In the early 1980s Church Farm Estate was built at the north-westerly end of the bypass. The Winsley Hospital was sold in 1988 for £1.8 million and has been redeveloped as the Avon Park Care Centre offering residential and nursing care for the elderly. The Sutcliffe School closed and in 1992 Dorothy House bought the buildings and have made them into a hospice, which attracts much local care and fund-raising. In the late 1990s the bypass was finally completed and Winsley village now only has local traffic in its narrow streets. In the early 21st century Bradford on Avon Rugby Club has built pitches and a clubhouse to the north of the bypass and the grounds are also extensively used for both junior rugby and soccer training and matches.

CouncilWiltshire Council
Web Sitewww.wiltshire.gov.uk
Parish CouncilWinsley Parish Council
Parish Web Site 
Parish Emailfleurshackleton@hotmail.com

Churches: Information on both current and disused churches and chapels.

Schools: Information on both current and closed schools.

Population 1801 - 2011

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The Victoria History of Wiltshire (opens in new window) is a partnership between local authorities and the Institute of Historical Research at London University. The History of Wiltshire is now the largest county history in the country and is still growing. The volumes are divided between general and topographical with Volumes One to Five covering subjects such as prehistory, ecclesiastical, economic and political history. The Volumes from Six onwards are topographical and will ultimately provide a comprehensive and systematic history of every single town and parish in the county.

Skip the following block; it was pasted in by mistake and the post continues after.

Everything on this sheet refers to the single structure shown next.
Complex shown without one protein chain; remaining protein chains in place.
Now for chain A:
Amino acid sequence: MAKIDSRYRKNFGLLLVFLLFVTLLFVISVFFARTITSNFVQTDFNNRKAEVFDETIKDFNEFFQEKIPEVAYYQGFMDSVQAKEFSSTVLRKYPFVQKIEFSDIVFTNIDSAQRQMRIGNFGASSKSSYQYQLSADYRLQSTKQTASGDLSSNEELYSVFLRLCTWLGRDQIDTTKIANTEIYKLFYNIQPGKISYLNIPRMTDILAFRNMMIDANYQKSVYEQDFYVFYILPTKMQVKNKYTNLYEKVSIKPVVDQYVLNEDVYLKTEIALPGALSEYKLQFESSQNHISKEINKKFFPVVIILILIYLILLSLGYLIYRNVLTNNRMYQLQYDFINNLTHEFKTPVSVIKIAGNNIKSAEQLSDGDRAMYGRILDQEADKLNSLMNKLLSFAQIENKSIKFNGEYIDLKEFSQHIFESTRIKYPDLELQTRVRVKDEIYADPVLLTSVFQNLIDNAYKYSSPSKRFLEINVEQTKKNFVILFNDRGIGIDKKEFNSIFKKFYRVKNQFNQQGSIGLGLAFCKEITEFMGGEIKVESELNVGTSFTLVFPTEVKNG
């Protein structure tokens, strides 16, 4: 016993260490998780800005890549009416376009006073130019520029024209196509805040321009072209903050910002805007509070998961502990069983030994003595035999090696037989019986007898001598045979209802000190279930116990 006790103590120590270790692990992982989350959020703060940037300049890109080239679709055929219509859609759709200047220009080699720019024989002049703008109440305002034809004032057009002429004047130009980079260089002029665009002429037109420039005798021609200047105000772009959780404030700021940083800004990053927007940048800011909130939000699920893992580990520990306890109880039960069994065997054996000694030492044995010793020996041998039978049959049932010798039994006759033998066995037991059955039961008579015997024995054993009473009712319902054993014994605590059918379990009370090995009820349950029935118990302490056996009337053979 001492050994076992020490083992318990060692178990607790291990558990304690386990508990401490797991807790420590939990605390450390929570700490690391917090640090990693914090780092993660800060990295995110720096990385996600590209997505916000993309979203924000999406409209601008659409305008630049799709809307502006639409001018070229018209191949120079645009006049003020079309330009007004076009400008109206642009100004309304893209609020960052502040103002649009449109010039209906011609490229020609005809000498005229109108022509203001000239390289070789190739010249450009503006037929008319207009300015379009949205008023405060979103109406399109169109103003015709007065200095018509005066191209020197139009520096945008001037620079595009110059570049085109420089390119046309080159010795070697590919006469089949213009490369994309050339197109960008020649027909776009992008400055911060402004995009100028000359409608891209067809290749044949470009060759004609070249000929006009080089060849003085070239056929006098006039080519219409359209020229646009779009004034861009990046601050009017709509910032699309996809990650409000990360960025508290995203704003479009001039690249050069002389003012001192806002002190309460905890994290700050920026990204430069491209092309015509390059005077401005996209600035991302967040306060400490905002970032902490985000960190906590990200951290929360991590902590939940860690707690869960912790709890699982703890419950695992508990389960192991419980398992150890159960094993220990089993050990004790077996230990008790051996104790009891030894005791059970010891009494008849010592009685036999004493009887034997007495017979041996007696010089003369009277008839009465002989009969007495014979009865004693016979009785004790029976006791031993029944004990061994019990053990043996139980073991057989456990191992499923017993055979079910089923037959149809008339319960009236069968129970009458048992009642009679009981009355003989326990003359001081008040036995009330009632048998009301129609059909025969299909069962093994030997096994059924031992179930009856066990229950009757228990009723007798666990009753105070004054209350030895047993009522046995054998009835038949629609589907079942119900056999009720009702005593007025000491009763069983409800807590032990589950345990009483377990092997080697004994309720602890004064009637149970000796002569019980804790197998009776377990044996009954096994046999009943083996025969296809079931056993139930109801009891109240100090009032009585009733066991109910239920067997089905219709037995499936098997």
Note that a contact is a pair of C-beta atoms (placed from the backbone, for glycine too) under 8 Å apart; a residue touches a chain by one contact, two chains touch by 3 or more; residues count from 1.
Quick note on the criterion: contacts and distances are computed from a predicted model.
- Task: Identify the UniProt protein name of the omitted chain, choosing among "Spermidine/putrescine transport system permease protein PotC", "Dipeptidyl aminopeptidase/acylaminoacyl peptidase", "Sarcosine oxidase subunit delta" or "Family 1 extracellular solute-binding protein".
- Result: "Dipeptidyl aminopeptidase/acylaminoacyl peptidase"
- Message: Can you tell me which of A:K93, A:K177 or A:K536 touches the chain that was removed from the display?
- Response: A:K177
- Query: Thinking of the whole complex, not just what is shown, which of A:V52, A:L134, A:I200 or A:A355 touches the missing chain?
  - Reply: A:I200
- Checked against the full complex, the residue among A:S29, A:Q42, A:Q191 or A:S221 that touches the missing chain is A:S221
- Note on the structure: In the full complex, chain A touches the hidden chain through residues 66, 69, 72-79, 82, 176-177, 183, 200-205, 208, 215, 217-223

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Newspapers from 1738: These newspapers covered this community at different times. Newspaper titles in bold text are either the ones you should check first for information about this community.


Maps: listed are maps on which you can find this community. All maps are Ordnance Survey maps.


Archaeological Sites: A Sites and Monuments Record (opens new window) is maintained by the County Archaeology Service and covers some 20,000 sites. The Wiltshire Archaeological and Natural History Society was formed in 1853 and have been publishing an annual journal since 1854. The journal contains both substantial articles and shorter notes on archaeological excavations, finds, museum objects, local history, genealogy and natural history.

Folk Arts:

Folk Songs from Winsley

Folk Biographies from Winsley

Folk Plays from Winsley

History of Buildings: The collections of the Wiltshire Buildings Record are housed in the Wiltshire & Swindon History Centre at Chippenham.

Listed Buildings: The number of buildings, or groups of buildings, listed as being of architectural or historical importance is 54. There is one Grade I building, the Dundas Aquaduct, and one Grade II* building, Turleigh Manor.

English Heritage and National Monuments Record

Local Authors: There could be an author who was born or has lived in this community.

Literary Associations: Some communities have featured in novels or may have been the main setting for a book.

Registration Districts: If you want to obtain a copy of a birth, marriage or death certificate you can contact the local registrar.